Geography as an academic subject
Geography is the study of the land (including geomorphology), and how people live on it. Although widely taught in New Zealand schools, geography was not regarded as a respectable university subject until the mid-20th century. In 1937 George Jobberns was appointed to be the first geography lecturer at Canterbury University College, and by 1950 all the universities were teaching geography.
As taught by Charles Cotton and his contemporaries, geomorphology was the description and classification of landforms. From the 1960s, a younger generation of earth scientists became interested in the processes responsible for landscape evolution, and used new tools to measure rates of change.
Emerging in the 1960s was the concept that the earth's crust is made up of about a dozen huge plates of rock. This explained the relationship between many of the earth’s features. New Zealand was found to lie at the junction of the Australian and Pacific plates. Their collision beneath the South Island is now known to have caused the uplift of the Southern Alps and to control the formation of New Zealand’s distinctive landscapes. In the North Island the Pacific Plate is sliding beneath the Australian Plate, producing volcanic activity.
Rainfall and erosion
New Zealand’s rainfall had been recorded for many years, but almost always from low altitudes, where people lived. In the 1970s, measurements taken on the western side of the Southern Alps revealed a 10-kilometre-wide zone of exceptionally heavy rainfall, averaging 11.2 metres per year (equal to the height of a four-storey building).
In this high rainfall zone, the rate of erosion reaches 12 millimetres per year – about the same as the rate of uplift. It is now known that there is a close relationship between plate tectonics, rainfall and erosion. The rapidly uplifting mountains cause the prevailing moist westerly winds to rise and drop much of their moisture on the western side of the main divide. Although the mountains are rising rapidly, they are not getting any higher because the uplift is balanced by erosion.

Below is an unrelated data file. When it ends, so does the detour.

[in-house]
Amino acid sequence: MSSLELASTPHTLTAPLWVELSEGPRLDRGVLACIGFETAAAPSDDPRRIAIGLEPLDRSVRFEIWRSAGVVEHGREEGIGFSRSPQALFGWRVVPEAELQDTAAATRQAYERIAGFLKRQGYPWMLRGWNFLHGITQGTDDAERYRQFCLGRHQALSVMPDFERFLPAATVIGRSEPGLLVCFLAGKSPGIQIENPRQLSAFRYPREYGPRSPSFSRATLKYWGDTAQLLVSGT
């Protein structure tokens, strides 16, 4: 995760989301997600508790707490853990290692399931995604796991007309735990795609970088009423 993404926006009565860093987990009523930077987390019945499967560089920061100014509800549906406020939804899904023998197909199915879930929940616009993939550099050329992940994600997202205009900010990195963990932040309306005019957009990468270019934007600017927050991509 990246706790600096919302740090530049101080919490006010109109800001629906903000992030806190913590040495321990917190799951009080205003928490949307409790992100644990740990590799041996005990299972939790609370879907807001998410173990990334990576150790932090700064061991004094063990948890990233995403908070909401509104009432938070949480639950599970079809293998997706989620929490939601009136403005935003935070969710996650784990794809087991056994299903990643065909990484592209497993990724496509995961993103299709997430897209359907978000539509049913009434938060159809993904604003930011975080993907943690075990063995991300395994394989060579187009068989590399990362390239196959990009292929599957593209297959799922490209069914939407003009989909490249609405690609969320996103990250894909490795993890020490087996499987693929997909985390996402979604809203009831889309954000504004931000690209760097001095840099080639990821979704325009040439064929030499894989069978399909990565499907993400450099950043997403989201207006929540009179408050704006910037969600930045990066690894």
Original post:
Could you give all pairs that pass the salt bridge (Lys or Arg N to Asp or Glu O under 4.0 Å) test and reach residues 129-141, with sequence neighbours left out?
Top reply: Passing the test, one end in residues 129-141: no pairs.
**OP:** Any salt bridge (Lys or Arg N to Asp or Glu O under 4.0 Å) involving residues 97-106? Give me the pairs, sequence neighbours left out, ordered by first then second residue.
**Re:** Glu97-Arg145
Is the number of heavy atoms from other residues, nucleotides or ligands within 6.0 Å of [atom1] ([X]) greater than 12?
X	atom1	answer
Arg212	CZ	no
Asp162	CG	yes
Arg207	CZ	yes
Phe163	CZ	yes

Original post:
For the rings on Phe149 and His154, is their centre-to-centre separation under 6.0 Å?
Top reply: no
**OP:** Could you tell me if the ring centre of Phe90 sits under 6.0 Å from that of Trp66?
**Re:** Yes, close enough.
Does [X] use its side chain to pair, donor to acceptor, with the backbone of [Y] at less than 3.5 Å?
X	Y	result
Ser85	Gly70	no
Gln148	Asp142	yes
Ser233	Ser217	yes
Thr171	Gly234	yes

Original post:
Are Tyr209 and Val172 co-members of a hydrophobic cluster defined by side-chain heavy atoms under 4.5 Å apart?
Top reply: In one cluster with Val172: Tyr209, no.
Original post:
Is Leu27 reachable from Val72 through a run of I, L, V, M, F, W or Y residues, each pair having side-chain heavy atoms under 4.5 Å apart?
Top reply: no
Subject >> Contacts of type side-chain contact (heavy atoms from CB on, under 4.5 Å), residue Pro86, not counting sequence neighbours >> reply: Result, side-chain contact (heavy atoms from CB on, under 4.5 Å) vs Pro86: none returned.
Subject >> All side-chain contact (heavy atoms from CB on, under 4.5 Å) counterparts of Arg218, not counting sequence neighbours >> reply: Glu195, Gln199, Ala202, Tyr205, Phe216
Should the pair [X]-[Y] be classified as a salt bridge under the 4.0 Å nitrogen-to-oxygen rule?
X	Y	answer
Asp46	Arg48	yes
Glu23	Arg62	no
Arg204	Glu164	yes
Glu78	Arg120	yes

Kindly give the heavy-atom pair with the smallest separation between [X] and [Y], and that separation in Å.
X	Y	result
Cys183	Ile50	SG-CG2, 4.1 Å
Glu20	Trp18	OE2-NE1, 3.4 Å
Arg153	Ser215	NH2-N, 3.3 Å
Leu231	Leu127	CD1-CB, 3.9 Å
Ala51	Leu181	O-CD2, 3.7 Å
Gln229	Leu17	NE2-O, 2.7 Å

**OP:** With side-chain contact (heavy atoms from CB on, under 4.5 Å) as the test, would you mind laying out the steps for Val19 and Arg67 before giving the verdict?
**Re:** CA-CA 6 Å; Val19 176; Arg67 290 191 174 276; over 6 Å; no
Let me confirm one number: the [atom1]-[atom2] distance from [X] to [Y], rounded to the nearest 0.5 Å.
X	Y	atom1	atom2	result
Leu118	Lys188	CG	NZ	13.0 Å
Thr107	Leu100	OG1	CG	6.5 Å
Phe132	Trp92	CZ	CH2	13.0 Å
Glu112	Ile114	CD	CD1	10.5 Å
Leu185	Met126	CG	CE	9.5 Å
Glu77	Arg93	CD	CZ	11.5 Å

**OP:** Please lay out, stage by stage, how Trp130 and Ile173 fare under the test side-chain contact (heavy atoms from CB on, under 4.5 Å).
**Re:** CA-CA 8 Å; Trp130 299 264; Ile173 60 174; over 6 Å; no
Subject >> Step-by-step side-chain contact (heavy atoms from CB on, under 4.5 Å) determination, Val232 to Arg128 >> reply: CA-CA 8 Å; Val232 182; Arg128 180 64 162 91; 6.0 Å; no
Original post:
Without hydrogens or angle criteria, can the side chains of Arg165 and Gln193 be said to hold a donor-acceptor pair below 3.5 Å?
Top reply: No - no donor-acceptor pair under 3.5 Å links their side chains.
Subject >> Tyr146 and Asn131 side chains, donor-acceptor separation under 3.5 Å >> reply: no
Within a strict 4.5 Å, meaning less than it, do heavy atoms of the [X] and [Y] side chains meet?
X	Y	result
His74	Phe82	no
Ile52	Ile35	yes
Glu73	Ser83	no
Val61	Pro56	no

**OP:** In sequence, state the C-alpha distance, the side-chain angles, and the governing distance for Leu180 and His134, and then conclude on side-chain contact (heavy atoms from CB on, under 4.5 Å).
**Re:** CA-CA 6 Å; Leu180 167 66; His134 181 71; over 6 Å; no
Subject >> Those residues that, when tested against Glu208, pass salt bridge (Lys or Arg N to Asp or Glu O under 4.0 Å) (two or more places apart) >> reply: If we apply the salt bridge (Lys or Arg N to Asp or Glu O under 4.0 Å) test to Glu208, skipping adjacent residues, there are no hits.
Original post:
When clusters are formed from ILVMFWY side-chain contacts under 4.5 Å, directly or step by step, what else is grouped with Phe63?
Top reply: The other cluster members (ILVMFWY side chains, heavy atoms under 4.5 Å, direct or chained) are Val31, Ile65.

The Green Lake landslide, covering more than 45 square kilometres in Fiordland, was discovered by scientist Roger McPherson when scanning aerial photographs. Many of his colleagues were sceptical because no landslide of that size had previously been identified in New Zealand.
In the 1970s the neocatastrophic model of landscape evolution was developed. It stated that, in New Zealand’s dynamic physical environment, infrequent but powerful events such as landslides, floods, volcanoes and earthquakes had as much – if not more – of an impact on landscape evolution as slow, ongoing processes such as uplift and erosion.
In 1979 geologist Harold Wellman and his colleagues used a range of evidence, including tilted lake shorelines and uplifted terraces, to estimate the rates at which mountains were rising. The maximum uplift rate of more than 10 millimetres per year was found to occur along the western edge of the Southern Alps. It is one of the fastest rates of mountain uplift in the world.
Until the mid-20th century the land was viewed at ground level, with a panorama only possible from a mountainside. The cloud-free aerial photographs of the 1950s revealed previously unknown landforms, and were used to prepare topographic maps. Satellite imagery became available in the 1980s, and is now a key tool for monitoring changes in the landscape and the way land is being used.
Isotope dating techniques have allowed landscape features to be dated with increasing accuracy. Carbon-14 dating, mainly used for dating fragments of wood and charcoal, was the first to be used. A variety of other dating techniques are now available, allowing detailed chronologies of landscape evolution to be developed.